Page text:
Facebook’s trying this to keep you engaged

Facebook is trying yet another way to keep you engaged.

It’s called Watch Party, and it lets people in Facebook groups watch live or recorded videos together while interacting in real time. Starting today, everyone in a dog lovers group can get together to view clips of golden retriever puppies, while Anglophiles can relive the royal wedding.

Anyone in a group can start a Watch Party and designate co-hosts, who control the playlist and playback. Everyone can suggest videos, and a Facebook notification tells them a party is about to start. Users can ask questions, leave comments or add reactions in real time.

“When you’re watching at the same time, there’s a lot more conversation that happens,” Fidji Simo, Facebook’s head of video, told CNNMoney.

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It has the same interactive features as Facebook Live, its live video streaming tool. Facebook started testing Watch Party in January. The feature rolled out worldwide on Wednesday.

During testing, Facebook found some groups hosting parties that ran more than 10 hours, with people popping in and out throughout the day. It’s also found that live videos generate an average of six times as many interactions as regular clips.

Facebook also is testing the ability for people to host Watch Parties with friends, allowing them to, say, share vacation videos.

Facebook’s continued efforts with live video could help it compete with Google’s YouTube and livestream gaming platform Twitch, said Michael Inouye, principal analyst at ABI Research. Twitch, owned by Amazon, has 15 million daily active visitors and more than 2 million unique broadcasters each month.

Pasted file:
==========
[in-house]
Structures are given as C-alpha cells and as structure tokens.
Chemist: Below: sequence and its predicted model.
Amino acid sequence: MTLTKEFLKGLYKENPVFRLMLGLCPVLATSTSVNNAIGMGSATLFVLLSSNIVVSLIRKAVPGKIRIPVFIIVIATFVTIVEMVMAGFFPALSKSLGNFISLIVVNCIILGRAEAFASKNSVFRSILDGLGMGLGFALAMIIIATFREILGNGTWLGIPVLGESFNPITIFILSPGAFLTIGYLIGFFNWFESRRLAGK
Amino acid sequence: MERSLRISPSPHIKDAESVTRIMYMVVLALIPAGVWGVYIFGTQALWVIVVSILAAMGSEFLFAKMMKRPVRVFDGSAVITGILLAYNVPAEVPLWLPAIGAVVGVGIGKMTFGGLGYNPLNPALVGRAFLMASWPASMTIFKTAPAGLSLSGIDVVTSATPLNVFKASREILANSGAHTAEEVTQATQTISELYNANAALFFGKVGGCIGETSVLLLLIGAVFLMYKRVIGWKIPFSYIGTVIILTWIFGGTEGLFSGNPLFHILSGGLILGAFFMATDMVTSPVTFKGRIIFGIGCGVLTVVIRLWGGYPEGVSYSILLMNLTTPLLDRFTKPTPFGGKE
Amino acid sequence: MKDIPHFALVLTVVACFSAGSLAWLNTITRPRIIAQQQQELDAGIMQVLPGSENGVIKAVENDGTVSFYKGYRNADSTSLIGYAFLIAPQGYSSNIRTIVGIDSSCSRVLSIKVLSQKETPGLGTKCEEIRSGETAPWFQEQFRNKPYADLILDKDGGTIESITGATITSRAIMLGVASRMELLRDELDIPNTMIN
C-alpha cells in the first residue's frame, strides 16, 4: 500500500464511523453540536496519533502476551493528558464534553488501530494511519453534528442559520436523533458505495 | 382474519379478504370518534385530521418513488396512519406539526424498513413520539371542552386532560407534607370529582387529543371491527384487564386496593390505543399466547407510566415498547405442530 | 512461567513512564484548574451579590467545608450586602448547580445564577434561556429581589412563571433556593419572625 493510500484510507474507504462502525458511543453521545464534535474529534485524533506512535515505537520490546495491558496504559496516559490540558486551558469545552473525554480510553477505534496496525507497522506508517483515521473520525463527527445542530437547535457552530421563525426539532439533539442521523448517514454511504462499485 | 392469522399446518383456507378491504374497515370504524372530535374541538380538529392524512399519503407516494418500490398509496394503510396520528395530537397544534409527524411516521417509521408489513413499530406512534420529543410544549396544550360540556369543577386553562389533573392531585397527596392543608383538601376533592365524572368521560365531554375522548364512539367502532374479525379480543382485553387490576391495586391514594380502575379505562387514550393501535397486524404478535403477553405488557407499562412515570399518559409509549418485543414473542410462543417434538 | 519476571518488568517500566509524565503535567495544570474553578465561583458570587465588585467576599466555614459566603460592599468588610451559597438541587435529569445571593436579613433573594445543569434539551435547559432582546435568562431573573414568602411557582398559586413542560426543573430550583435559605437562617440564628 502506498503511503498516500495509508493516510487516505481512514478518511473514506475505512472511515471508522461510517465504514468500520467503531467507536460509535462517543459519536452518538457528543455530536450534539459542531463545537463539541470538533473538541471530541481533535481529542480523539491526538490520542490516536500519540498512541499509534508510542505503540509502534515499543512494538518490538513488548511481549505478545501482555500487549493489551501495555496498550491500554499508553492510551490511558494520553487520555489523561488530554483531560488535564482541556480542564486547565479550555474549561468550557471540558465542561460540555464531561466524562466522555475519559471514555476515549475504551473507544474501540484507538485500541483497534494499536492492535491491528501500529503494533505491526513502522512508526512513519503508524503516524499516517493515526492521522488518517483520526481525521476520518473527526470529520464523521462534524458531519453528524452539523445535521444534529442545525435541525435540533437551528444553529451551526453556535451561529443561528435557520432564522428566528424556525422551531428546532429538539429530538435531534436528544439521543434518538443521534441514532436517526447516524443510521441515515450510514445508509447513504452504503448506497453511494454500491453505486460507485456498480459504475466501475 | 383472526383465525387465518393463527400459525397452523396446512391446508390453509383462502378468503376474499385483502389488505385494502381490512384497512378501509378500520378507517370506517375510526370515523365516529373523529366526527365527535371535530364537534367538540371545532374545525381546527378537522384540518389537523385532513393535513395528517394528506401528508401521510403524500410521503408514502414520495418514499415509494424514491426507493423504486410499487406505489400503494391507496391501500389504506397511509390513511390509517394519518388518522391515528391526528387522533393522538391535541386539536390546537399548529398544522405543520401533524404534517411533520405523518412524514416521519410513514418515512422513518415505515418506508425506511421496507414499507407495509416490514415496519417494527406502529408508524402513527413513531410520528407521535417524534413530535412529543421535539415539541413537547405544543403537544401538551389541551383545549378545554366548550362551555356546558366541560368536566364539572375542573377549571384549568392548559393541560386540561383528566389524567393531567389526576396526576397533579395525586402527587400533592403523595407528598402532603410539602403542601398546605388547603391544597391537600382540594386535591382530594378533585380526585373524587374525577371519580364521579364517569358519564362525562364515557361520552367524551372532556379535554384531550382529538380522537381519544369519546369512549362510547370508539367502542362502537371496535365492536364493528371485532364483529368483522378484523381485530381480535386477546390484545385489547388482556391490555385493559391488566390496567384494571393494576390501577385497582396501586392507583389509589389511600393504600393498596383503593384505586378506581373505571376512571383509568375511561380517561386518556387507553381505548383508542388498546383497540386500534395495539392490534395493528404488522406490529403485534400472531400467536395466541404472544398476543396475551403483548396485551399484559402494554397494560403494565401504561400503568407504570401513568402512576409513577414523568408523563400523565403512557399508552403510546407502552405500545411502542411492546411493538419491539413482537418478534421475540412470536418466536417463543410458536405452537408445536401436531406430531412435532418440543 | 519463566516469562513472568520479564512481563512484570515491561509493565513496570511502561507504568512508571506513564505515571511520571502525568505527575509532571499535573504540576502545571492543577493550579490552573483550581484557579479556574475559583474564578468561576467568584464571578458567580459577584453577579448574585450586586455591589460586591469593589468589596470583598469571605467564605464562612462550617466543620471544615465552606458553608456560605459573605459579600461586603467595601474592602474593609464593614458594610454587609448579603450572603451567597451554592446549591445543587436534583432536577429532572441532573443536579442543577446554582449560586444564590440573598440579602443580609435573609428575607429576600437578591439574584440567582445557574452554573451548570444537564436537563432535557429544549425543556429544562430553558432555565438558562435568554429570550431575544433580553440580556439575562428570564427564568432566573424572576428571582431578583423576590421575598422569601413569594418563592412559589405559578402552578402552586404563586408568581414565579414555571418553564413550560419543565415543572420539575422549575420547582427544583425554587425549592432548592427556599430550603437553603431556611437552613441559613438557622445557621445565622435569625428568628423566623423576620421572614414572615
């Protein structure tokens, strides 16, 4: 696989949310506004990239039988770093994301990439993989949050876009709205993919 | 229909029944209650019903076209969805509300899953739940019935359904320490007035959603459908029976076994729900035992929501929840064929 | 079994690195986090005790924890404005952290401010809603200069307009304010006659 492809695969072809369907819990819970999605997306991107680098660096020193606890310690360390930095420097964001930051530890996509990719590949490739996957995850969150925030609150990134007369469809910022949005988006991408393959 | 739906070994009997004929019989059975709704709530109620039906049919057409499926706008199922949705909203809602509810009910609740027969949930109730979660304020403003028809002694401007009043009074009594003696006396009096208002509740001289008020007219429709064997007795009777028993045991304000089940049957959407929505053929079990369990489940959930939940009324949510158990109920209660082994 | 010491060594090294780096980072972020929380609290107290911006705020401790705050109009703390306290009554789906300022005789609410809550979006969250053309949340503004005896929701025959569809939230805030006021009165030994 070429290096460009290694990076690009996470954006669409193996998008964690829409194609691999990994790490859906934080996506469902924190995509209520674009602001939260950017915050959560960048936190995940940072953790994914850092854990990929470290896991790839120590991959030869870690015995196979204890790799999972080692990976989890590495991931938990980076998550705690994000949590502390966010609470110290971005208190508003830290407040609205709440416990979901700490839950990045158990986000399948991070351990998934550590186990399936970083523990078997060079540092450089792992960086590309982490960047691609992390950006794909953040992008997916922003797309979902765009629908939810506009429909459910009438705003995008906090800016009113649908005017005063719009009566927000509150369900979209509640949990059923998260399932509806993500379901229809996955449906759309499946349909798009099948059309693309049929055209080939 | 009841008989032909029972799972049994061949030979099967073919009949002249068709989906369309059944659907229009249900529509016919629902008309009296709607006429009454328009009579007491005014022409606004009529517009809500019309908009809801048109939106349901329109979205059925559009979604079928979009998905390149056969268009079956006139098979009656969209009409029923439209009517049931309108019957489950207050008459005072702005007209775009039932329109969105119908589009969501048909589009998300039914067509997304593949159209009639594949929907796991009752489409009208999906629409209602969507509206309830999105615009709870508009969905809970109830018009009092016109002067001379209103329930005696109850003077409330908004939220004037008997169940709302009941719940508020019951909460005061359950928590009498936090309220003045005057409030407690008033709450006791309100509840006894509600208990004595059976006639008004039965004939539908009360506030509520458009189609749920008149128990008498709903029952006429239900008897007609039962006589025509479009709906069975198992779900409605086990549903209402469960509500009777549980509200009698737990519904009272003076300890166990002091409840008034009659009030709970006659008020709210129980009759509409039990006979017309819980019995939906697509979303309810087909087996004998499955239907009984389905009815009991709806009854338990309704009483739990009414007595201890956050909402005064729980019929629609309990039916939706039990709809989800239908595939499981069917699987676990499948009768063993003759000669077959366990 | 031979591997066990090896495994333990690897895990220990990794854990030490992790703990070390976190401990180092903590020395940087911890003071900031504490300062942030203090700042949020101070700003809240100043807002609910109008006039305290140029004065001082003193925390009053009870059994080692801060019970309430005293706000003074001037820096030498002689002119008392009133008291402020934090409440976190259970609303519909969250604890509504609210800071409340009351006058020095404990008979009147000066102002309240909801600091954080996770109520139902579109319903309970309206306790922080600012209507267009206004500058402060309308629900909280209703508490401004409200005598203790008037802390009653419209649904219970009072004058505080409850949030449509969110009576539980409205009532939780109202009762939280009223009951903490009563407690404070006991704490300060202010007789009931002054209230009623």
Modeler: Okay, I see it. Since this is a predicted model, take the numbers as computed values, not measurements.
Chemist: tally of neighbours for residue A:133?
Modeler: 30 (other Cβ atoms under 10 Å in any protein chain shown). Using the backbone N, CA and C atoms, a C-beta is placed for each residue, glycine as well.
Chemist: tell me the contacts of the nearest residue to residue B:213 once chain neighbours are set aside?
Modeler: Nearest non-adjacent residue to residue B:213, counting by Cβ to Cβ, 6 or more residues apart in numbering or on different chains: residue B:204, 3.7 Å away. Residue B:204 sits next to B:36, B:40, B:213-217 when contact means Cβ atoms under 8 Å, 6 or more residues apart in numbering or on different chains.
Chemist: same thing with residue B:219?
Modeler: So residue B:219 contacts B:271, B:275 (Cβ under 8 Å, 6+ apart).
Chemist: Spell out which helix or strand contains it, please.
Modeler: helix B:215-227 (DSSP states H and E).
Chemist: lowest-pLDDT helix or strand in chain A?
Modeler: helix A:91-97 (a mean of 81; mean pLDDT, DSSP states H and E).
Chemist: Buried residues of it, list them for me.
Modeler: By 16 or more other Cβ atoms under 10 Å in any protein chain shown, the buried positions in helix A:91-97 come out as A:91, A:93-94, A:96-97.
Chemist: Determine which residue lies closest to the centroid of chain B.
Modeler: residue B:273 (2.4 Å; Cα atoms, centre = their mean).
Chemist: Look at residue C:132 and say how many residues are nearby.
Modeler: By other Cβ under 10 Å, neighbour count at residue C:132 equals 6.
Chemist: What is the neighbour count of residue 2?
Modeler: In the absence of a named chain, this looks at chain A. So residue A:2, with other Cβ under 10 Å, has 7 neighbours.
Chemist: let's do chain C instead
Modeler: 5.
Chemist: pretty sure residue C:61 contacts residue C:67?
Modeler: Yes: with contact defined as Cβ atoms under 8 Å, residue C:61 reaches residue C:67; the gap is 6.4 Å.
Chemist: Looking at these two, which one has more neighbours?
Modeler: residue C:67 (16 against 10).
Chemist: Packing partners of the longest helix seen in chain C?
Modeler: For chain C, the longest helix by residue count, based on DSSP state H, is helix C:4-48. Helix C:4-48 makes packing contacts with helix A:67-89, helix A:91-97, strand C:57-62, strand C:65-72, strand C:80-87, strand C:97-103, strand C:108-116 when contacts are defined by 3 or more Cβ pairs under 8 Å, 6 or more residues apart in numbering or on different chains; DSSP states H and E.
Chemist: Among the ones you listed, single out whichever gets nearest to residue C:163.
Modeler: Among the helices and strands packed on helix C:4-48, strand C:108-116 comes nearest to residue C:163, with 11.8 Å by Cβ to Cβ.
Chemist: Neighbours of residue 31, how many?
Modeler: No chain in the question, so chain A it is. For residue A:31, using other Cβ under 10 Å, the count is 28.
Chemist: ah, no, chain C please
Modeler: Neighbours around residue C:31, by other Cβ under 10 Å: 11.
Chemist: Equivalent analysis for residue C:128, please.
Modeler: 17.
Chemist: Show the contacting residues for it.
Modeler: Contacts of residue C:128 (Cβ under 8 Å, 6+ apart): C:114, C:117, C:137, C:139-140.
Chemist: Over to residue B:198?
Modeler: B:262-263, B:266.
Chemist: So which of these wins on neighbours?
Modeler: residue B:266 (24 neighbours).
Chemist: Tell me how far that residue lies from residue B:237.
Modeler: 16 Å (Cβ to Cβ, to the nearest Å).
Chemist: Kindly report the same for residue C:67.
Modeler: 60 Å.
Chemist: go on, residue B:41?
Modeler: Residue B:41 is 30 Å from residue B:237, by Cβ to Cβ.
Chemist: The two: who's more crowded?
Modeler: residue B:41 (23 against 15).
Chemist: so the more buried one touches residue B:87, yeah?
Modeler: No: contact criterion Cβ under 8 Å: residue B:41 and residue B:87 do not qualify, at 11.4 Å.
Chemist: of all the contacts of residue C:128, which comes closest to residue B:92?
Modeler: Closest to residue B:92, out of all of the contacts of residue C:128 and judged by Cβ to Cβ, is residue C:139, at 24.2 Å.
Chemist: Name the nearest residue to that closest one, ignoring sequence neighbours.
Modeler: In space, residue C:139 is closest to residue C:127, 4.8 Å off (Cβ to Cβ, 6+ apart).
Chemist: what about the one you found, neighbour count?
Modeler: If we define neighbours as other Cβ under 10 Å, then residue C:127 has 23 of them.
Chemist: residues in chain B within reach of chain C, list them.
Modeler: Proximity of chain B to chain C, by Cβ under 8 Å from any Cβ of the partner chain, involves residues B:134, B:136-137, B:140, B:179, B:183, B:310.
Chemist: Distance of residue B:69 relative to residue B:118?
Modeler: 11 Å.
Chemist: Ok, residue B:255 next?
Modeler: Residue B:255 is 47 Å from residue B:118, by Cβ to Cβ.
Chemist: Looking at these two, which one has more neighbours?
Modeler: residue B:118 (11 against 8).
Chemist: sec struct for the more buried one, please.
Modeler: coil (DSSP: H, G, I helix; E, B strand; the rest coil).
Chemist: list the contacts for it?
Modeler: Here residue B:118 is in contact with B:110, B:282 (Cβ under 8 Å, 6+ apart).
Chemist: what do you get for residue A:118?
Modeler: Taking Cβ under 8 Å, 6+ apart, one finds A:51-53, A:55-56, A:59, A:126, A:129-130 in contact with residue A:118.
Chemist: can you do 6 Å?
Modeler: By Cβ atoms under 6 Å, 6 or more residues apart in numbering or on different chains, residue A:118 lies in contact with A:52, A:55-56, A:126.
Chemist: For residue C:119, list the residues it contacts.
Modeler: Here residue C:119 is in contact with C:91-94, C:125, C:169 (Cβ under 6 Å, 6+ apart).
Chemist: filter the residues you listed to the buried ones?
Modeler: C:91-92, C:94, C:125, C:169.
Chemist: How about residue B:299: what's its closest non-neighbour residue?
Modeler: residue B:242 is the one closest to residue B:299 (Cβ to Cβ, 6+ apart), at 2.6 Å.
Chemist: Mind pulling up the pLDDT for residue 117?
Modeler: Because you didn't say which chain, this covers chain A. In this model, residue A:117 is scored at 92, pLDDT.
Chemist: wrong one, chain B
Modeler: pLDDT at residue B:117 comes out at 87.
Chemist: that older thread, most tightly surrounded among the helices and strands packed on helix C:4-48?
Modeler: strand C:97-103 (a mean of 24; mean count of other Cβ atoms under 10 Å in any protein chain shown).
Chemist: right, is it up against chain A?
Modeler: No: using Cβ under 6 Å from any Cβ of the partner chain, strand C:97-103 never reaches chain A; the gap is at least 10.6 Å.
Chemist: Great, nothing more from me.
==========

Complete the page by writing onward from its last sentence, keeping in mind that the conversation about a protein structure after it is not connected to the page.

Inouye also praised Facebook for not forcing the feature on users. “If you don’t want to do it, you don’t have to engage and it won’t change the way you view content,” he said.

But Inouye also noted not all content lends itself to Watch Parties. Friends or group members may not be available at the same time to participate.

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Although the social network hopes Watch Party will encourage people to spend even more time on the platform, the feature presents new opportunities for old problems.

Some people have used Facebook Live tool to livestream violence, including murders and suicides. Simo said Facebook will encourage users to flag offensive or problematic videos while also relying on more sophisticated tools. “We’ve also done a lot to improve our AI to flag violent content proactively,” she said.

The company’s seen some success with that approach. Facebook said it removed or added warning labels to about 3.5 million pieces of violent content during the first three months of the year, and 86% of the were flagged by its technology.

Facebook also has a team of employees who review content and monitor live broadcasts once they reach a certain level of popularity. If a livestreamed video violates its standards, the company will interrupt the broadcast.